Godsfire, by Cynthia Felice – Book Review by Fred Patten.
Godsfire, by Cynthia Felice. Map.
NYC, Pocket Books, June 1978, paperback 0-671-81472-9 $1.75 (264 pages).
I am surprised by how many people have included this book’s cover by Boris Vallejo on their lists of “Only the worst Sci-fi/Fantasy book covers”, or “25 Worst Book Covers of All Time”, or “I Am Judging You By Your Cover” (16 book covers with snarky feminine hygiene comments). I could come up with at least twenty-five covers worse than this with no trouble. And to wax sexist for a moment, can any cover with a shapely naked cat-woman be really bad?
But this is a review of the novel, not its cover art. Planet of the Apes notwithstanding, 1978 was still before intelligent non-humans were common in science-fiction, judging from the book’s blurb: “Feline creatures in charge and humans as their slaves!”
Godsfire is narrated by Heao, the sixteen-year-old protégé of Academician Master Rellar on a planet inhabited by anthropomorphic felinoids. The opening pages make frequent mention of the characters’ sinuous tails, sharp claws, and other feline characteristics.
“I was prepared to leave, but the man had the most mischievous twinkle in his eyes that I’d ever seen. Then the tip of his tail began to twitch. Without the smiling eyes, that twitch would have warned of battle, but now I realized it was an invitation to play. I laughed.” “His boldness was nearly frightening, yet there was no malice in his eyes and his tail was coiled casually around his ice-laden coat.” “Baltsar delicately slit the belly of the choicest fish with his index claw, and, after a slave took away the entrails, he slivered the tender flesh for me.” “I speared a sliver with my eating claw and chewed gratefully.” “His tail was twitching again and he was smiling. Why had he ignored my shaking tail while we ate?” “I smiled, coiled my tail demurely about my waist, and said, ‘Thank you, Baltsar.’” (pgs. 4-8)
The “pale, furless” slaves are obviously humans, although in Heao’s people’s language the humans are the felinoids and the homo sapiens are just slaves. An advantage to their species is that they can see much better than the felinoids. They can see clearly the distant skybridge circling the world. Heao is a mapmaker proud of her charts, and is daring for her willingness to ask slaves for details of geography “farther than the eye can see” to put into her maps. Later differences between the two are that the felinoids have fur and twitching ears, that while they lack the far vision and color vision of the slaves, they have much better night vision, and that they curl up when they sleep while the slaves sleep lying straight because of their rigid spines.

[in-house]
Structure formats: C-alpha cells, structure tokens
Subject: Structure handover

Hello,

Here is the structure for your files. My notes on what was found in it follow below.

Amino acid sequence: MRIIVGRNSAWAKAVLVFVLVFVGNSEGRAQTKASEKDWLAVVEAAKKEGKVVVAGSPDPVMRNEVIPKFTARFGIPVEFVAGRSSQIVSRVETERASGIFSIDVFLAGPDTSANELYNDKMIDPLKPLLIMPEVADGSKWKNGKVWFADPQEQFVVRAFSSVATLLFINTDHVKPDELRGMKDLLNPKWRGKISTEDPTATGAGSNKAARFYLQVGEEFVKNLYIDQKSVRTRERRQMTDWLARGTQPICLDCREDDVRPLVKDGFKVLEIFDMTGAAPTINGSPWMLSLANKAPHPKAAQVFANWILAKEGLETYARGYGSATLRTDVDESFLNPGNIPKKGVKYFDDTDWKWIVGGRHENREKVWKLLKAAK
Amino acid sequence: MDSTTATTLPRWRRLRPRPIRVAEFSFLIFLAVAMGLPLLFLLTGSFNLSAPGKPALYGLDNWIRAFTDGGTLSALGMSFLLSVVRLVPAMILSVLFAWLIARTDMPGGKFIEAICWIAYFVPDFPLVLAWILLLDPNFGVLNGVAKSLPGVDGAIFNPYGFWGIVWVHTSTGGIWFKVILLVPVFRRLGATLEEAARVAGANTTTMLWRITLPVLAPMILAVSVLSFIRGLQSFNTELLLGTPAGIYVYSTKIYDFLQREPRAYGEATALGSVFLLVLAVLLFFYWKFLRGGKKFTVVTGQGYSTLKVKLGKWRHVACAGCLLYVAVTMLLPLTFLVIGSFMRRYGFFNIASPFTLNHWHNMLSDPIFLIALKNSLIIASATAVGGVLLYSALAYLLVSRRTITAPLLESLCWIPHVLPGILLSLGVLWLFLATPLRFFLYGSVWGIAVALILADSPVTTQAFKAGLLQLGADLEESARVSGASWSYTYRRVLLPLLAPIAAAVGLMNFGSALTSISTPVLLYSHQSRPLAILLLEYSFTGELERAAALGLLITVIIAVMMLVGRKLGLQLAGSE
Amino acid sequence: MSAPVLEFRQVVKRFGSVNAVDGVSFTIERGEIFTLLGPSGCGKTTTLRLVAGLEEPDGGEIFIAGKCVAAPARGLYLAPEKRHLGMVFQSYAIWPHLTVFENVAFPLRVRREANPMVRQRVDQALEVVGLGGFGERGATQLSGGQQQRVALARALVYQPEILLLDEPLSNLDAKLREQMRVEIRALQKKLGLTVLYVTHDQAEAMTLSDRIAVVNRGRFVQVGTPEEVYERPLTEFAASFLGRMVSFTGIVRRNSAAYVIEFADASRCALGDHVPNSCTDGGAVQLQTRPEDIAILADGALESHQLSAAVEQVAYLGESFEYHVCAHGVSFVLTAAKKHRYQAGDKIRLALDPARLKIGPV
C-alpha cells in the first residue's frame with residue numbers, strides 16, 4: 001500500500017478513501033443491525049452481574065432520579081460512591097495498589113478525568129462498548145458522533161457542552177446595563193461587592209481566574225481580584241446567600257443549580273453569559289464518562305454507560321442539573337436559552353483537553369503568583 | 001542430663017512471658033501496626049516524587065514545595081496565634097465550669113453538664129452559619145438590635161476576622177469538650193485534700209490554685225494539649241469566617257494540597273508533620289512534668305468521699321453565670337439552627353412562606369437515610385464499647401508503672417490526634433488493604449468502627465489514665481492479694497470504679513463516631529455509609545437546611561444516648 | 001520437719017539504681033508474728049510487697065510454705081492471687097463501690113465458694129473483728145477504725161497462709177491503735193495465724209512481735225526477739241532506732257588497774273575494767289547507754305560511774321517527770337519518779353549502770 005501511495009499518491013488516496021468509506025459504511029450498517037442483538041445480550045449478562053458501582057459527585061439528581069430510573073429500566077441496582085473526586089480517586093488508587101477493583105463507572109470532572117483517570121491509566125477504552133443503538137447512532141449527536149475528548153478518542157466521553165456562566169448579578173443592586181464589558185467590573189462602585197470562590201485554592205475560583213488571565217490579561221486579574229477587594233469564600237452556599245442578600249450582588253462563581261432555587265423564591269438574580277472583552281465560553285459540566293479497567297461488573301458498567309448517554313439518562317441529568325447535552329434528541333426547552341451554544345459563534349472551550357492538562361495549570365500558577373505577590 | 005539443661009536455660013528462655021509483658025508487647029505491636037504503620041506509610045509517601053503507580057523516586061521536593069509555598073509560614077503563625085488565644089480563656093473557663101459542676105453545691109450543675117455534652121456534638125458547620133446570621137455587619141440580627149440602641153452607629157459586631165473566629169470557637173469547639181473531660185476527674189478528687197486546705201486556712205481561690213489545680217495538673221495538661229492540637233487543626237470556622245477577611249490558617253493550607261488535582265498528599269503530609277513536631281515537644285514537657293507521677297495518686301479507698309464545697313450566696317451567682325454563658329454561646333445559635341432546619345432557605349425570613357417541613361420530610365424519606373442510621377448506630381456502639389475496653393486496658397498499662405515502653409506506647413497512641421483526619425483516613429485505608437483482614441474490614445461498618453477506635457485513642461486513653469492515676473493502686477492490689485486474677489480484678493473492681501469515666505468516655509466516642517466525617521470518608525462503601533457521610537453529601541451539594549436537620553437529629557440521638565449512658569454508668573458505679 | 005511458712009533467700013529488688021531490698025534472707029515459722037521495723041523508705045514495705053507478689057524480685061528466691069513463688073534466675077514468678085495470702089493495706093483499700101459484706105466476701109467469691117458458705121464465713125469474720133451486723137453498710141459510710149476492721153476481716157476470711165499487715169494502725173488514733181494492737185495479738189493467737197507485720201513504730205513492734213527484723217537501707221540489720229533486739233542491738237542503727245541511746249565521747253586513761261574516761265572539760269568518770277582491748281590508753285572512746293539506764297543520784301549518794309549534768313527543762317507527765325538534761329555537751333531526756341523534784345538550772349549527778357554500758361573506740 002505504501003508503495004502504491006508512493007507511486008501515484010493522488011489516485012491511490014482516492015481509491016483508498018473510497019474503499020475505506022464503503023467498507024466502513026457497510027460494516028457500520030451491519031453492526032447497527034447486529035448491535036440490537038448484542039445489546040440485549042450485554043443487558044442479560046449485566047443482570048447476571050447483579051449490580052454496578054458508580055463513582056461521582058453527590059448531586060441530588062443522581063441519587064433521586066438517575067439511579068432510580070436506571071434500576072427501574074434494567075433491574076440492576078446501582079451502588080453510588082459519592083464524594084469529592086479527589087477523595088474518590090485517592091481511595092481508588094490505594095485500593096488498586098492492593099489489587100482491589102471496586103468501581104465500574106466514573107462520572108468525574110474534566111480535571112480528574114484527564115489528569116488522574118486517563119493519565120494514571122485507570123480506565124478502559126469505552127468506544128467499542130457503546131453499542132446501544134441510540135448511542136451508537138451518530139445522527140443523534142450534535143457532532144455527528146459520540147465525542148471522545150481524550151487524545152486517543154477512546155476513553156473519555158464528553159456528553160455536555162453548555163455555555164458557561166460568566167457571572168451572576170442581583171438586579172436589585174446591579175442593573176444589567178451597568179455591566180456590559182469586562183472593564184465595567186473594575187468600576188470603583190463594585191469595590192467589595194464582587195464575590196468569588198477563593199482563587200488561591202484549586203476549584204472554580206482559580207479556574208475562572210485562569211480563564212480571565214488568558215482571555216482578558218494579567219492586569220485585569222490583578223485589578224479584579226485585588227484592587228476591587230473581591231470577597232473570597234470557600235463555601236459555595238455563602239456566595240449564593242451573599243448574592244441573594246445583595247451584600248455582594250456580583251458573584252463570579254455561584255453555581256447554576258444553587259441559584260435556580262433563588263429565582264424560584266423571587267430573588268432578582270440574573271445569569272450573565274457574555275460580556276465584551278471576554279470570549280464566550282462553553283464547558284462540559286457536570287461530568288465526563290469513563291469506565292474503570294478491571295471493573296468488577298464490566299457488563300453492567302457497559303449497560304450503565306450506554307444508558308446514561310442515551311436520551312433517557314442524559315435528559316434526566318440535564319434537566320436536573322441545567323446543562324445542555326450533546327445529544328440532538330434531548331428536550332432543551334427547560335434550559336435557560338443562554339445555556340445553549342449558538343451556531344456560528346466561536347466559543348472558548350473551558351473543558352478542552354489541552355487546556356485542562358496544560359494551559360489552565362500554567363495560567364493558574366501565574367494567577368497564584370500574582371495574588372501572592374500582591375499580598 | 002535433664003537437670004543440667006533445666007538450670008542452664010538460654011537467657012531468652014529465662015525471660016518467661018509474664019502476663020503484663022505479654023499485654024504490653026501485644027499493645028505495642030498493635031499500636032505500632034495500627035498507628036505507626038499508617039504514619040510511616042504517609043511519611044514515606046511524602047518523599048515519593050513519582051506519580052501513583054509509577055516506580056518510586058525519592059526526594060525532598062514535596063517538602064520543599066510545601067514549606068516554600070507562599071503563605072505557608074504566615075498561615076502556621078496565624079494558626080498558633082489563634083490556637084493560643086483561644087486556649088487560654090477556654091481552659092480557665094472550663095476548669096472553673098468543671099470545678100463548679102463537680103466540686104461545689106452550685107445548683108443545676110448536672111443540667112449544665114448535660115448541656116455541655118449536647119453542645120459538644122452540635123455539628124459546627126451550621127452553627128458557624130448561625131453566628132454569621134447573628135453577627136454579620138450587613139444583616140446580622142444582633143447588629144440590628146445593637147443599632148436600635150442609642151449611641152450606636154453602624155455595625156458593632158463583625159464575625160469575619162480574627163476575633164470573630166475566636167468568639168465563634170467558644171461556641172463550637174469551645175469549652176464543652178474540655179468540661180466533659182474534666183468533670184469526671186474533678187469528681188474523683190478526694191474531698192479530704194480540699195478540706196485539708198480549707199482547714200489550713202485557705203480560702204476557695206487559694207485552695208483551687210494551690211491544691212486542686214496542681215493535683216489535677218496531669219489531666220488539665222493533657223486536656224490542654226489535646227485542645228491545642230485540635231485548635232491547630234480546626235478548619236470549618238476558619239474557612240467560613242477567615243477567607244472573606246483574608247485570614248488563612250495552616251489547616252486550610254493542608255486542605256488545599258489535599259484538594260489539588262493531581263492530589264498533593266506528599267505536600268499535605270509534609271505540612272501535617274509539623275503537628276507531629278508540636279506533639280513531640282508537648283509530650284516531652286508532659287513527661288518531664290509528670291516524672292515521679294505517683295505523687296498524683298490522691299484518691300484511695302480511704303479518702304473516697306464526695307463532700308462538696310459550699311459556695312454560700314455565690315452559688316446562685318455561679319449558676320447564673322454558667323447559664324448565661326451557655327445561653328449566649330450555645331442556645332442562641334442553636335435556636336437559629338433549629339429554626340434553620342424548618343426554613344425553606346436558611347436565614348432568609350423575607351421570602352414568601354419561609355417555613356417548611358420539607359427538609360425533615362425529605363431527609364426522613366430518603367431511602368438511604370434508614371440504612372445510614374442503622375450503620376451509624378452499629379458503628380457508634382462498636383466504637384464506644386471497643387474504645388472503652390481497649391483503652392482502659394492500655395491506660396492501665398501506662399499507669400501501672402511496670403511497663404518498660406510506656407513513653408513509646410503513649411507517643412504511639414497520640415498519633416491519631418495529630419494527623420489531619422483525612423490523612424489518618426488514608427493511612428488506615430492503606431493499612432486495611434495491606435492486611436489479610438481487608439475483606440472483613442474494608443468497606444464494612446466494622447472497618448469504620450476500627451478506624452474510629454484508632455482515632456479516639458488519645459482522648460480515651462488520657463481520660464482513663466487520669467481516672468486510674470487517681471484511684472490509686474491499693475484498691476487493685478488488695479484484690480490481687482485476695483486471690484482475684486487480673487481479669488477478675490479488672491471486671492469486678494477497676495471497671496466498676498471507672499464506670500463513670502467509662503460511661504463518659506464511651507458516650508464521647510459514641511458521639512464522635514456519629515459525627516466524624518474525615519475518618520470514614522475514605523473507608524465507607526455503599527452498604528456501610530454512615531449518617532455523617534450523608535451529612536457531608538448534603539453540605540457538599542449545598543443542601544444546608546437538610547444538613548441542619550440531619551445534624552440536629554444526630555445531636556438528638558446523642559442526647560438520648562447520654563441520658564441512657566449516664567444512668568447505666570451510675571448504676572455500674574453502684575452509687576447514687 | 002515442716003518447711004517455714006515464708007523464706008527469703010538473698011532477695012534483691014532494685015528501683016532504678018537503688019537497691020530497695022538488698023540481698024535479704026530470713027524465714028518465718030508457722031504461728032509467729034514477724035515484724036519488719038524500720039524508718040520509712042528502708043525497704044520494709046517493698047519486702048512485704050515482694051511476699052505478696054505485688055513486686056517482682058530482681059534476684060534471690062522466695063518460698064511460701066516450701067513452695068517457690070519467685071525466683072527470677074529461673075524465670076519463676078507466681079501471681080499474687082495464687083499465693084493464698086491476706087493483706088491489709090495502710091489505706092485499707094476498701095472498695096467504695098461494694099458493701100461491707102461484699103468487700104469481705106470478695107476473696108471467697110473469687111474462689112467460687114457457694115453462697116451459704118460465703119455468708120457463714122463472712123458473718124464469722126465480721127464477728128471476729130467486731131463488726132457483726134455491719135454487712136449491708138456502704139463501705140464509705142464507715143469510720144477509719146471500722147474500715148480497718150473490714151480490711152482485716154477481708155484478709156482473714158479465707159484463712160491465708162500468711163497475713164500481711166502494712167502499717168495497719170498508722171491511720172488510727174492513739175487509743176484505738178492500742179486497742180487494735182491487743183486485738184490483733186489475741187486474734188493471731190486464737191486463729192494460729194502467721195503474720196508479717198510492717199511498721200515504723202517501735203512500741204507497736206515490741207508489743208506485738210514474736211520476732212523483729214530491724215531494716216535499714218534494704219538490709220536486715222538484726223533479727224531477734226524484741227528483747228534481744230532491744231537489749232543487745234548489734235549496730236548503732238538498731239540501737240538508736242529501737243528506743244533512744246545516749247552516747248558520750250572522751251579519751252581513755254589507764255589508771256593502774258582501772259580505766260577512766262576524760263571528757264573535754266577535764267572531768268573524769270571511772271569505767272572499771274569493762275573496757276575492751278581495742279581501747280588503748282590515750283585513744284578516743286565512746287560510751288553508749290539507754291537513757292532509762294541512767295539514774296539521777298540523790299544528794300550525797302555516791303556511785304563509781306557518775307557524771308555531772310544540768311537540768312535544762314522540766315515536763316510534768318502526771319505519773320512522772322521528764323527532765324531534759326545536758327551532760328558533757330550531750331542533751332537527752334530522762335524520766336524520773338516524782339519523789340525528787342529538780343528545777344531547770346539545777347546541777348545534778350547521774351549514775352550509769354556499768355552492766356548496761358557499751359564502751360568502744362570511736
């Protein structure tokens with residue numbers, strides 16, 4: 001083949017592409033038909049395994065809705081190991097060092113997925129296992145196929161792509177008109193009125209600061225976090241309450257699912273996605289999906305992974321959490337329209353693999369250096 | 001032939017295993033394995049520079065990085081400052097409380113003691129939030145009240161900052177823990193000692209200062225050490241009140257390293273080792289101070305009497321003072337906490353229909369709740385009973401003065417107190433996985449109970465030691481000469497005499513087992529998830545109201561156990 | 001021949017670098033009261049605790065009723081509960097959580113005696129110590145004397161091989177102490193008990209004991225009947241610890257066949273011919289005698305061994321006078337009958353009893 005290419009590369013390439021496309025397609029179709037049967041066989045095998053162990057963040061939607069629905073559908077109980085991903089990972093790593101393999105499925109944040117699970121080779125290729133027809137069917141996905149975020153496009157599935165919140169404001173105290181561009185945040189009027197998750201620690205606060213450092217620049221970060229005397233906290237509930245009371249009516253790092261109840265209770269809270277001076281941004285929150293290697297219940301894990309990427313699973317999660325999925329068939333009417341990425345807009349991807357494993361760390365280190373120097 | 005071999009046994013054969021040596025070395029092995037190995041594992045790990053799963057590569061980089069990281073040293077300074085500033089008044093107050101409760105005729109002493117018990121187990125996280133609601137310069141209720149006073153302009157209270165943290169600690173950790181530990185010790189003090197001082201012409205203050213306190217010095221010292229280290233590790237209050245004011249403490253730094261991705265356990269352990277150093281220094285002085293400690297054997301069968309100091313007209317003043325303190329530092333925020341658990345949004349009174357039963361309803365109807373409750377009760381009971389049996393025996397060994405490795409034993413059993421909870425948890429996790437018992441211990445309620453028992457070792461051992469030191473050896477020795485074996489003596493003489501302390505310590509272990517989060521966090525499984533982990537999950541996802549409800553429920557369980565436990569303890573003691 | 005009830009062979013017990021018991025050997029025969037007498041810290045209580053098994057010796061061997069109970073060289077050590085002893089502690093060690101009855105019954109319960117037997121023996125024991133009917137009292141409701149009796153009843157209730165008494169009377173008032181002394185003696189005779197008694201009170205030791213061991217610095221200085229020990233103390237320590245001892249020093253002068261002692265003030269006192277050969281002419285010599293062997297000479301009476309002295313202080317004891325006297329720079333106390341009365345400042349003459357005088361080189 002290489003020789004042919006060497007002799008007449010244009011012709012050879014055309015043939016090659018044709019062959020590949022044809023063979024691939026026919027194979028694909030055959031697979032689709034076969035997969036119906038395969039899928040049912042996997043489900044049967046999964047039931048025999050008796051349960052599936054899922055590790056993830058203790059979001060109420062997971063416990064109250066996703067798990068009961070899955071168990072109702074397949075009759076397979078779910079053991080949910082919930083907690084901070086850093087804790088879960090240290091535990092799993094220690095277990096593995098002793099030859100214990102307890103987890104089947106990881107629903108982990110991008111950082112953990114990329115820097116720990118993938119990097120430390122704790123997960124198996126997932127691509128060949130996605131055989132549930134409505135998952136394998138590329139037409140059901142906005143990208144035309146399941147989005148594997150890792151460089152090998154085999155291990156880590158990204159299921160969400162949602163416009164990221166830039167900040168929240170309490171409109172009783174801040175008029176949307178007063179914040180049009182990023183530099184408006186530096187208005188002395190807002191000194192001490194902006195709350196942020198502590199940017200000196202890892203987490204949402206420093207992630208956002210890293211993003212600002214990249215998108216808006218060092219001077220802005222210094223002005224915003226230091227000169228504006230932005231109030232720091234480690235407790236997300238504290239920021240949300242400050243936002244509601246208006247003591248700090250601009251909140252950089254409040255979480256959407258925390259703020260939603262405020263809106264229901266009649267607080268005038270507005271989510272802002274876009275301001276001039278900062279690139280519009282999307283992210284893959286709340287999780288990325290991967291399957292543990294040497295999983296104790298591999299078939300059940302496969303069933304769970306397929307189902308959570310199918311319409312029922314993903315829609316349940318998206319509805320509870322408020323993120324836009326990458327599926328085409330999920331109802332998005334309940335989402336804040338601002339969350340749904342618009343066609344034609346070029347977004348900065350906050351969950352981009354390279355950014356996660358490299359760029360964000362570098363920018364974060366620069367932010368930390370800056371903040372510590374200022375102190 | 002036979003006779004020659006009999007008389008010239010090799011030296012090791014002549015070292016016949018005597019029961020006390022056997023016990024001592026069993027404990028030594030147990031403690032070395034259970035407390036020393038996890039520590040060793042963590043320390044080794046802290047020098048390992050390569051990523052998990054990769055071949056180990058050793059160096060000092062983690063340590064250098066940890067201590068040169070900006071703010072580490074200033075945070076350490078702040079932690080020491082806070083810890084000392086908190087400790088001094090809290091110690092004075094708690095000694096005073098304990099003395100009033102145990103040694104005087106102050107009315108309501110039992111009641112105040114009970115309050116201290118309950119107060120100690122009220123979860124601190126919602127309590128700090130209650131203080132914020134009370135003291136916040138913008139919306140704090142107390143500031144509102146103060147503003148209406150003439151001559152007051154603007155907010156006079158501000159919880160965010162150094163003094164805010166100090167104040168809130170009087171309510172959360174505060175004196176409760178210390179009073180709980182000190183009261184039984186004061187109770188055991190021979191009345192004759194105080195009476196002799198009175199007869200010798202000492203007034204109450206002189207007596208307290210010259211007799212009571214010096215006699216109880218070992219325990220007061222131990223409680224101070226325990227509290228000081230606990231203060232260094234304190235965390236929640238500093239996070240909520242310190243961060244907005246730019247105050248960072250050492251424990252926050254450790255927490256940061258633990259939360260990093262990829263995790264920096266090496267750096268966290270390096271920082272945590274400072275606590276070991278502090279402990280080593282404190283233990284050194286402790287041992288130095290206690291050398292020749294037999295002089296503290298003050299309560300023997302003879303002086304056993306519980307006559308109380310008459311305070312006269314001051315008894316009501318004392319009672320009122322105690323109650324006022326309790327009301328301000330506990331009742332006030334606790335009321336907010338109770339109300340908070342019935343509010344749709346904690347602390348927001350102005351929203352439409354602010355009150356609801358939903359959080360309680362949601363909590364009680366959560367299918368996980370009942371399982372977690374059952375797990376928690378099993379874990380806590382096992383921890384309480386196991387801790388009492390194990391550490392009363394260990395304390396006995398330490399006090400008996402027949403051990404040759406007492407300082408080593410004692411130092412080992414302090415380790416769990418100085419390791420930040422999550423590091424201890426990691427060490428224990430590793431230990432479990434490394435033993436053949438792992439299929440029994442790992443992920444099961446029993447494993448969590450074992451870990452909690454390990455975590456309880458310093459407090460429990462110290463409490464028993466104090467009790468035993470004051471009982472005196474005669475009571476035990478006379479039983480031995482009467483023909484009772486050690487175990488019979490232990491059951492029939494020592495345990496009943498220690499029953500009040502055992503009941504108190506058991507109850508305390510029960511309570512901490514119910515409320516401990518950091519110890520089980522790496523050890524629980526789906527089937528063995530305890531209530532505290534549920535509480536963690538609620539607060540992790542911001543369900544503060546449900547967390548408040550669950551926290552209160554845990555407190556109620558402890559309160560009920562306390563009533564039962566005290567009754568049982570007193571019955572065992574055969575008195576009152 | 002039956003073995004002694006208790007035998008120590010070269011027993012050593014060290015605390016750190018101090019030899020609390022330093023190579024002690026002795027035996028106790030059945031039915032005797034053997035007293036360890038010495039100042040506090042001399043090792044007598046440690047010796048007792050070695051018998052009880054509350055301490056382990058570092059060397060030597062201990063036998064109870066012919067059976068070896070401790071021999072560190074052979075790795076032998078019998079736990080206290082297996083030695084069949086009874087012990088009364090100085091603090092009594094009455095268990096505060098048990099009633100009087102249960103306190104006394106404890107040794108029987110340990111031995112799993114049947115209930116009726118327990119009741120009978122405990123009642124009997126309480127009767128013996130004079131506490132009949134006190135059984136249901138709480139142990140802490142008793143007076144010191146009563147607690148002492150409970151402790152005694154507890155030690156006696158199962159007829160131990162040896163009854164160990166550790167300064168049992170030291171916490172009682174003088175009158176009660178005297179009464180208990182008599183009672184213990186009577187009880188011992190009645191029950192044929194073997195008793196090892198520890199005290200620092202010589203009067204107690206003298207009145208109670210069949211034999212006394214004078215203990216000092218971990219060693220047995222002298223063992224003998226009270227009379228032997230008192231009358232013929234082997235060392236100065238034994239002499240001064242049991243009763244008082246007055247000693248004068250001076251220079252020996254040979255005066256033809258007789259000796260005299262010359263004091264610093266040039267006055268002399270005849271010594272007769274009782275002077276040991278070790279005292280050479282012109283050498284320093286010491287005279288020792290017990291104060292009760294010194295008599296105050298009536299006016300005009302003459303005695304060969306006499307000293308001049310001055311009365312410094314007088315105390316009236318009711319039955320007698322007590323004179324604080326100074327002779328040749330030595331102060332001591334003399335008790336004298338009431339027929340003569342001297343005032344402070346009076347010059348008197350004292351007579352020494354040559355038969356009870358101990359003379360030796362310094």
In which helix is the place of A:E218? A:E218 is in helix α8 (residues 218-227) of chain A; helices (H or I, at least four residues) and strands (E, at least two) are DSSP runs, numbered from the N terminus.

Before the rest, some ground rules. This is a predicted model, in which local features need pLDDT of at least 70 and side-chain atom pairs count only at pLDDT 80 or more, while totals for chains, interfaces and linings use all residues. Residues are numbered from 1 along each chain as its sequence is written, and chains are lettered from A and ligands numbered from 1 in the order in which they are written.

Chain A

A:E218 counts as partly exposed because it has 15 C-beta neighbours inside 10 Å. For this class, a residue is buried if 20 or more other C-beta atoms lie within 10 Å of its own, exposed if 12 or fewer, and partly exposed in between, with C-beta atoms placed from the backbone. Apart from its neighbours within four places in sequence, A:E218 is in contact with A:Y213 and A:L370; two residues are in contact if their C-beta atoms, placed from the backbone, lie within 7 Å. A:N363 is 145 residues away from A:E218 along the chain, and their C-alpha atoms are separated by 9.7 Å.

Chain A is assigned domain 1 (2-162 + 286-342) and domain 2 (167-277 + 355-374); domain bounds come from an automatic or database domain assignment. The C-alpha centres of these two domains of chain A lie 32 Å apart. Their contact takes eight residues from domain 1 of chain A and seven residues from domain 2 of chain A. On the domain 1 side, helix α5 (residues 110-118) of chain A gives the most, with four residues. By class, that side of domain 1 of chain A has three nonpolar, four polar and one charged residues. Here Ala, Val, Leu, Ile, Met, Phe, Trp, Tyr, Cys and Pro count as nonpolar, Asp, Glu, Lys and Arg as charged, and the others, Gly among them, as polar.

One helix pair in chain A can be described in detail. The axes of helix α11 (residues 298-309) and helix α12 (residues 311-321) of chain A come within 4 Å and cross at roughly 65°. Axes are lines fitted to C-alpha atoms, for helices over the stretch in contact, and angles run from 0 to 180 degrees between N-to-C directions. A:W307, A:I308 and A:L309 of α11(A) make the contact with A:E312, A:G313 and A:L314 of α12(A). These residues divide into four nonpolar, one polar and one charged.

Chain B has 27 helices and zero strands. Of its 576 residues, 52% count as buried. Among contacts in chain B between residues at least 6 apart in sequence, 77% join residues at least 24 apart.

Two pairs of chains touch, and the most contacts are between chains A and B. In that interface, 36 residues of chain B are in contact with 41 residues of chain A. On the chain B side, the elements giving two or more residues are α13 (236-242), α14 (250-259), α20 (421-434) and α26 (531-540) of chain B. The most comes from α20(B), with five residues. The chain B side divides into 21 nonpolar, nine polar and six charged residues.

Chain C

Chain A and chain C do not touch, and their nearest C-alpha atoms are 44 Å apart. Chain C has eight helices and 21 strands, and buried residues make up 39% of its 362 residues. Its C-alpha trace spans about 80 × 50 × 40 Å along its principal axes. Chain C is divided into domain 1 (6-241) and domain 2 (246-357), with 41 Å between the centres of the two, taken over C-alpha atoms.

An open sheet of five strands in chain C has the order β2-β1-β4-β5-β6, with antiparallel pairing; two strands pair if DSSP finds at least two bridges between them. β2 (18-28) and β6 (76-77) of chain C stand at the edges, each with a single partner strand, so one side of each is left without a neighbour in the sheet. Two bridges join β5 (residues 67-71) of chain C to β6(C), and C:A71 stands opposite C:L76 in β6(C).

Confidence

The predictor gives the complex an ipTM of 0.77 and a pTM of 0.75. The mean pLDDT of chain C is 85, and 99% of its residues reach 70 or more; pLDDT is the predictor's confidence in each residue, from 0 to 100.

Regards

A detail that is not elaborated upon at first is that the humans (felinoids) and slaves are physically compatible enough for bestiality, although it is socially taboo and the two are apparently not interfertile despite rumors of hybrid offspring.
To use an Earth parallel, the planet is just evolving from a feudal into a middle-class society. ”Since the recent war, foreigners were viewed with suspicion. Merchants were a new class among us, landless offspring of lowland nobles, dissatisfied craftspeople, refugees from the land-grabbing campaigns, trying to make livings in less troubled lands.” (p. 4) Heao’s mountainous tableland nation has just been conquered. “It was our terrible time, our being conquered by the lowland king, our own king reduced to a military prince, and our future uncertain. These things made us suspicious of the foreign merchant. Not only was he a lowlander and therefore suspect, but he was also without precedence. We had nobility, we had peasants, we had the temple and its guardians, and we had Academe, each filling a comfortable niche in our isolated mountains society. We didn’t have merchants and we are afraid of changes. But we were making changes despite our fears.” (p. 11)
Now that their conquest is wrapping up, Heao’s land is unhappily awaiting their King-conqueror’s tax collectors. Heao’s Master Rellar has a plan to forestall them:
“Baltsar, seeing the smile on my master’s lips, was immediately interested. ‘You have a plan?’
Rellar nodded. ‘If you agree, Heao will accompany you to the lowlands and present the King-conqueror with Academe’s tax.’ Rellar produced an oilskin packet from beneath his cape. The packet was of fine quality, sealed by Academe’s crest.
‘A map?’ Baltsar guessed.
‘Yes. The finest map in the kingdom … of only a small portion of his realm, but if he is as wise as is reputed, he will understand its value.’
Baltsar took the packet from Rellar’s hand. ‘I never heard of people setting their own tax, but I think you’re wise to try. I’ll deliver it.’ He was grinning at Academe’s impudence.
‘Heao must deliver it,’ Rellar said evenly.” (p. 14)
The rare slaves in Heao’s homeland are treated by their upper-class owners as dumb but valuable property. Heao’s first visit to the lowlands where slaves are common enough to be mistreated and discarded, and her observation during the trip of how Baltsar treats his slaves almost as equals, set up the summary in the blurb: “But the slaves have an intelligence of their own that clever Pathfinder Heao knows might one day be a threat to the masters’ power. She thinks the slaves have human qualities, and it is up to her to liberate them – before they revolt.” That, and Heao’s determination to find out just where the slaves have come from in less than a hundred years, are the plot.